Toby (my horse) can be an idiot even on his best days, but on our ride he kept the idiocy to a minimum and was mostly willing to trust me when I assured him that that terrifying noise or smell or whatever wasn’t actually out to eat him.

The pigs we passed got him riled up. But really. They’re pigs and they smell weird and they’re mostly lacking fur. Who can blame him for being afraid of those alien creatures?

Any time I get to go for a ride, it truly blesses me.

Because in my horse I see an unpolished version of myself, the version that lacks the self-control and the verbal skills that have been so carefully engrained in me.

And let me tell you what: if you’ve never had to deal with the tainted mirror version of yourself, you are both lucky and seriously missing out.

It’s humbling.

And also quite frustrating.

Toby gets up in arms about every little thing. Literally.

  • Yesterday we were frightened of a passing car. (Little car. Like, not quite Mini Cooper, but close.)
  • We were afraid of pigs.
  • We were skittish because of the orchard we’d been riding alongside for the past ten minutes but that suddenly became scary.
  • We nearly ran into a tree because we were so busy eying the house and driveway beside us. (Those things are pure evil, folks.)
  • We pranced at the sound of somebody offloading feed sacks.
  • We shied away from the wall because it was reflecting back at us the sound of the dirt bikes we’d already gotten over.
  • We were afraid of the dirt bikes.
  • We were nervous about walking on the gravel because it sounds and feels weird.

Most of these items we encountered are items we encounter on most of our outings. The pigs were new, the dirt bikes are rare, and the only place we usually encounter the noise of feed sacks is at home when he’s getting fed. Aside from those three, though, all of this should have been pretty normal.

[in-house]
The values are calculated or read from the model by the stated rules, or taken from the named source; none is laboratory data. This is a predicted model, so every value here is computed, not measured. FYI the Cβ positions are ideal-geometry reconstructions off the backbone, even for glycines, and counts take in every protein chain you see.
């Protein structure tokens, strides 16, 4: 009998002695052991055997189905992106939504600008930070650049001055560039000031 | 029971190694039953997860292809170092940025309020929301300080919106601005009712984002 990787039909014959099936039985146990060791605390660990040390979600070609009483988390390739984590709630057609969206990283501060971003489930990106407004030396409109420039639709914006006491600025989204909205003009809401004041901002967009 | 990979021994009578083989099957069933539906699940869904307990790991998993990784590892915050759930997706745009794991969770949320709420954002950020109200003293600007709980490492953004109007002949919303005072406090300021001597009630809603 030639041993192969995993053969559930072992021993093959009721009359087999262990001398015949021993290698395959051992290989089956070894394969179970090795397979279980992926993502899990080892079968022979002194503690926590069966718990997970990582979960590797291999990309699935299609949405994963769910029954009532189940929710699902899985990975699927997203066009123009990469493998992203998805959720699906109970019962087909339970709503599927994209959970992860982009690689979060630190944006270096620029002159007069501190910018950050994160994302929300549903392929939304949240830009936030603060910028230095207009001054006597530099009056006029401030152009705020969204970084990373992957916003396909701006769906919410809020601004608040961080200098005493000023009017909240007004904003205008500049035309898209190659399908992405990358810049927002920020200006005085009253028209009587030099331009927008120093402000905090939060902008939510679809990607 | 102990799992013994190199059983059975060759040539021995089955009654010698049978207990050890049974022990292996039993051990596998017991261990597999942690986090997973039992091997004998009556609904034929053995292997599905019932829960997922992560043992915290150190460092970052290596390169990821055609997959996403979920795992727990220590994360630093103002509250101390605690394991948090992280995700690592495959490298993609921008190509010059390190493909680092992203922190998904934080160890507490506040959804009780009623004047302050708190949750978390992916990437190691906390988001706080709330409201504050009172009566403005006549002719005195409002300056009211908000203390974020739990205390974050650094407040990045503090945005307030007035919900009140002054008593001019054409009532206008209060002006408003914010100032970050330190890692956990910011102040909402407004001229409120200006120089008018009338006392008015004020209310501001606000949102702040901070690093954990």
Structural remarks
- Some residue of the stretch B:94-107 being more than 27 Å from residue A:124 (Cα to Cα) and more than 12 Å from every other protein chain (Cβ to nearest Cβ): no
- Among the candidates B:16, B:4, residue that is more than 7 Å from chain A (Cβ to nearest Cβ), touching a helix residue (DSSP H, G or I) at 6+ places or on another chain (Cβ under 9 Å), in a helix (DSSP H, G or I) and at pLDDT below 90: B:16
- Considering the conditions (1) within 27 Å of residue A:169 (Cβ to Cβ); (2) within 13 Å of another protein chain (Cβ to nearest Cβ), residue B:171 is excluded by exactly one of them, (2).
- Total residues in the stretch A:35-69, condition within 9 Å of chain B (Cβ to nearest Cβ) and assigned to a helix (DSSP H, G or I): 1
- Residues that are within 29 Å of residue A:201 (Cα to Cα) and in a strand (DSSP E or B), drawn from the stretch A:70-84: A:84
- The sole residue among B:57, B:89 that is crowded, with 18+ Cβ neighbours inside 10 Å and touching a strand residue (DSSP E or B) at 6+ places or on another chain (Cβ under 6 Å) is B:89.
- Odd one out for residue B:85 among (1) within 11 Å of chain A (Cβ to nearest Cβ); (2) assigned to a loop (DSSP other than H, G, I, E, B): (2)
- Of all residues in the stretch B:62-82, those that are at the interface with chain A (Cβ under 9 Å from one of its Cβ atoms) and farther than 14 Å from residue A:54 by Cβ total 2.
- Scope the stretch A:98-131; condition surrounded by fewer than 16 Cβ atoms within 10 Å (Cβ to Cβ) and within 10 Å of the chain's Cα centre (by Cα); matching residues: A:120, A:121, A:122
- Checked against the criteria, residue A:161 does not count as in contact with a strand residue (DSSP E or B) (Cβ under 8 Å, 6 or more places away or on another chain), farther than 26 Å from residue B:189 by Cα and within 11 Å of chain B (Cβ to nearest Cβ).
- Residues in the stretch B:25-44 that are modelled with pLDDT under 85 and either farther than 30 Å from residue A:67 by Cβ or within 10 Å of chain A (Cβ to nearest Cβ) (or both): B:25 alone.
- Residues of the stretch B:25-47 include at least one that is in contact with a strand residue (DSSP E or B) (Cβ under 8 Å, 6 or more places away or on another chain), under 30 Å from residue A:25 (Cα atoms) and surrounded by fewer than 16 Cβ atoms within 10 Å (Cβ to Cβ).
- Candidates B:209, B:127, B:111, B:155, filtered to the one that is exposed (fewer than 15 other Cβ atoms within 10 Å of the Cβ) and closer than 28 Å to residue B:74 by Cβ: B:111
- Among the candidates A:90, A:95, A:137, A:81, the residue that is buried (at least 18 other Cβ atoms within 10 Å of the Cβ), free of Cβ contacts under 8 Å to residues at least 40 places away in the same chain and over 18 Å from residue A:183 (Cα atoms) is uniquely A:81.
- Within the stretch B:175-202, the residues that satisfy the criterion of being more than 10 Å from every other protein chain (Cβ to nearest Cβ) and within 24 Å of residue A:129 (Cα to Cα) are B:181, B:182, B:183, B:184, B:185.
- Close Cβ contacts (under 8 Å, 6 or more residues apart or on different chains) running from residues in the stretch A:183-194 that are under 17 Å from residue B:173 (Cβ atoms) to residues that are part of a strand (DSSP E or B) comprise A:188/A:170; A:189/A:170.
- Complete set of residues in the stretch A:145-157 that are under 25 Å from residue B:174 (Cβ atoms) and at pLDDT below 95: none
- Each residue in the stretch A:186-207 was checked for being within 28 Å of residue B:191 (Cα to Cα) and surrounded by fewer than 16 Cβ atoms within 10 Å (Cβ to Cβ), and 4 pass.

But, like I said, Toby’s all about the drama.

Fact is, so am I.

I am afraid of the dark, of spiders, of insects, of being alone, of being in large crowds, of talking to cashiers, of talking to strangers, of talking to people I know, of talking in general, of fire, of knives, of guns, of dangerous objects that aren’t fire or knives or guns, of loud noises, of heights, and of driving.

I get anxious on a daily basis about things that, especially when handled properly, are extremely unlikely to hurt me. I let the ‘what ifs’ of life take control of my emotions and send me spiraling to places I’d rather avoid.

It annoys me to death when Toby does it, and I can’t get inside his head and change anything. Why do I approach the same behavior within myself with such a ‘such is life; can’t change anything’ type of attitude?

Toby is also exceedingly lazy.

Yesterday was better, but most days it takes us three times as long to go the .3 miles to from my house to the end of the neighborhood as it does to ride .3 miles anywhere else. Why? Because Toby doesn’t want to leave the house. Because leaving means working. Because working is hard.